• Kathy Whitham

Helping Your Child Feel Heard - Aka Behavior is Communication

Today I want to share something to help you be the even better parent you are wanting to be. How do I know you want that? Because you’re here!


Here’s a new way to think about your child’s challenging, button pushing behaviors that will help you respond more effectively in the moment rather than reacting in ways you don’t want to.


Imagine you have been looking through the same pair of parenting glasses for a long time. They color the way you see, interpret and react to your child’s behavior. I invite you to take those glasses off for a few minutes and put on this other pair I'm handing you today. When you look at challenging behavior through these new glasses, what you see is that Behavior is Communication.


Take a minute to focus your eyes.


So, what is your child communicating? I want you to imagine an iceberg. The little part above the water is the behavior. It’s the part you see. Most of the iceberg is below the surface, churning with some combination of stress, anxiety, or overwhelm. Big feelings can be really scary for kids. All those feelings are pushing up and driving behavior, the language your child has to express those big feelings. They need to feel heard before they can use words for healthy emotional expression.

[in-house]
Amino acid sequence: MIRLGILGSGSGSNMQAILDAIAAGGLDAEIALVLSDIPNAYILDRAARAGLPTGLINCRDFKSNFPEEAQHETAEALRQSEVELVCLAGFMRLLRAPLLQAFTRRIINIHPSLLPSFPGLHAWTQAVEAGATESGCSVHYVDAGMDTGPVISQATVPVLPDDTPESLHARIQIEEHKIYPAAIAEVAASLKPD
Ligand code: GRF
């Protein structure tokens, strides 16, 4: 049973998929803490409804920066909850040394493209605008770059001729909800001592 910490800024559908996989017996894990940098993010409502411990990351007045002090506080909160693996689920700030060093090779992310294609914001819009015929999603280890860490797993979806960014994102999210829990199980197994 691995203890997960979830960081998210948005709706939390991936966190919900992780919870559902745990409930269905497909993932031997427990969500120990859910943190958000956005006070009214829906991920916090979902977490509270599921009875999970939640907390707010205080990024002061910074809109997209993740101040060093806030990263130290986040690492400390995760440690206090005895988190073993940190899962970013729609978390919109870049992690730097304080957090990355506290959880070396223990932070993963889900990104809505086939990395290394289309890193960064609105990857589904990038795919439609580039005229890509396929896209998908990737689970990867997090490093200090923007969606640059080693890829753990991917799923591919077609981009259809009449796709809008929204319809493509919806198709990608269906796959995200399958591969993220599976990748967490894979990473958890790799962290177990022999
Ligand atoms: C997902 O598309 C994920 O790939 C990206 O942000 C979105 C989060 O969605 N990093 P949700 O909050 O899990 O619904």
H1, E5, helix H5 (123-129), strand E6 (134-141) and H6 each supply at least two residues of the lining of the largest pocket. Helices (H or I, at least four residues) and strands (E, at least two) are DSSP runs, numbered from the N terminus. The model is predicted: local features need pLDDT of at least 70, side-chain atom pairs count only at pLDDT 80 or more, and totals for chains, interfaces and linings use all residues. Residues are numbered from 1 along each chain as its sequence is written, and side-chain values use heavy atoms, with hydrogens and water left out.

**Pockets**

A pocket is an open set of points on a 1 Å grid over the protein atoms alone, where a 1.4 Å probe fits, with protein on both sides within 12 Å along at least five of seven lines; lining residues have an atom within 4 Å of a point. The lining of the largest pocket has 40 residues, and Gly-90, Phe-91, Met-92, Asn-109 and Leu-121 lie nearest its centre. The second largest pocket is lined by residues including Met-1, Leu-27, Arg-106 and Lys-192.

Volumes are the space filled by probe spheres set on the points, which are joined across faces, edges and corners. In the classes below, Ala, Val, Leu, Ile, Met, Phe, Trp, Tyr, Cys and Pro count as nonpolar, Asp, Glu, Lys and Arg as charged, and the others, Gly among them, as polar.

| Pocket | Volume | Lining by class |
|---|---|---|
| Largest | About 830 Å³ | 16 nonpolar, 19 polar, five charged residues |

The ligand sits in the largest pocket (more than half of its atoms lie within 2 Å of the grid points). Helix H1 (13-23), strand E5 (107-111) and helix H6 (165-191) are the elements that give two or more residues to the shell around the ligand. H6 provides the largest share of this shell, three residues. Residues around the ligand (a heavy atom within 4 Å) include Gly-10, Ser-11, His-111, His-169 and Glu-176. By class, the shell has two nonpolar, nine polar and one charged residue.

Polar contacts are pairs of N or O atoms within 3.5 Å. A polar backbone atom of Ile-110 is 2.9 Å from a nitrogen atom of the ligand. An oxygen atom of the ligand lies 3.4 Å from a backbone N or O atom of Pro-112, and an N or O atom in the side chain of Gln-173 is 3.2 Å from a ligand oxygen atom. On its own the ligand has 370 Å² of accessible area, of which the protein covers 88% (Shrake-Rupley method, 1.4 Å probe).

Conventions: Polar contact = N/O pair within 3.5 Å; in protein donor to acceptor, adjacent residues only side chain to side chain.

When behavior pushes your buttons, how do you respond?

Our impulse is often to try to control behavior. Learning to listen for what your child needs means connecting with your child emotionally below the surface to help them feel heard and safe. It’s in the relationship that you have the power to build resilience for the emotional and social well-being you want for your child’s life.


Next time your buttons are pushed, change your glasses first.


Ask yourself, “Is this a transition?” (after school, getting ready for bed, getting up in the morning, ending play time, etc.) All transitions are stressful to some degree and even more so if your kid is stress sensitive.

As you look through the new glasses, take a minute to pause and take a couple deep breaths focusing on the exhale.

Ask this question, “How can I connect to my child right now and help them feel safe. How can I bring them regulation. This is what I call Parent-Centric.


Give it a try and always remember this - you get it right more often than you realize!


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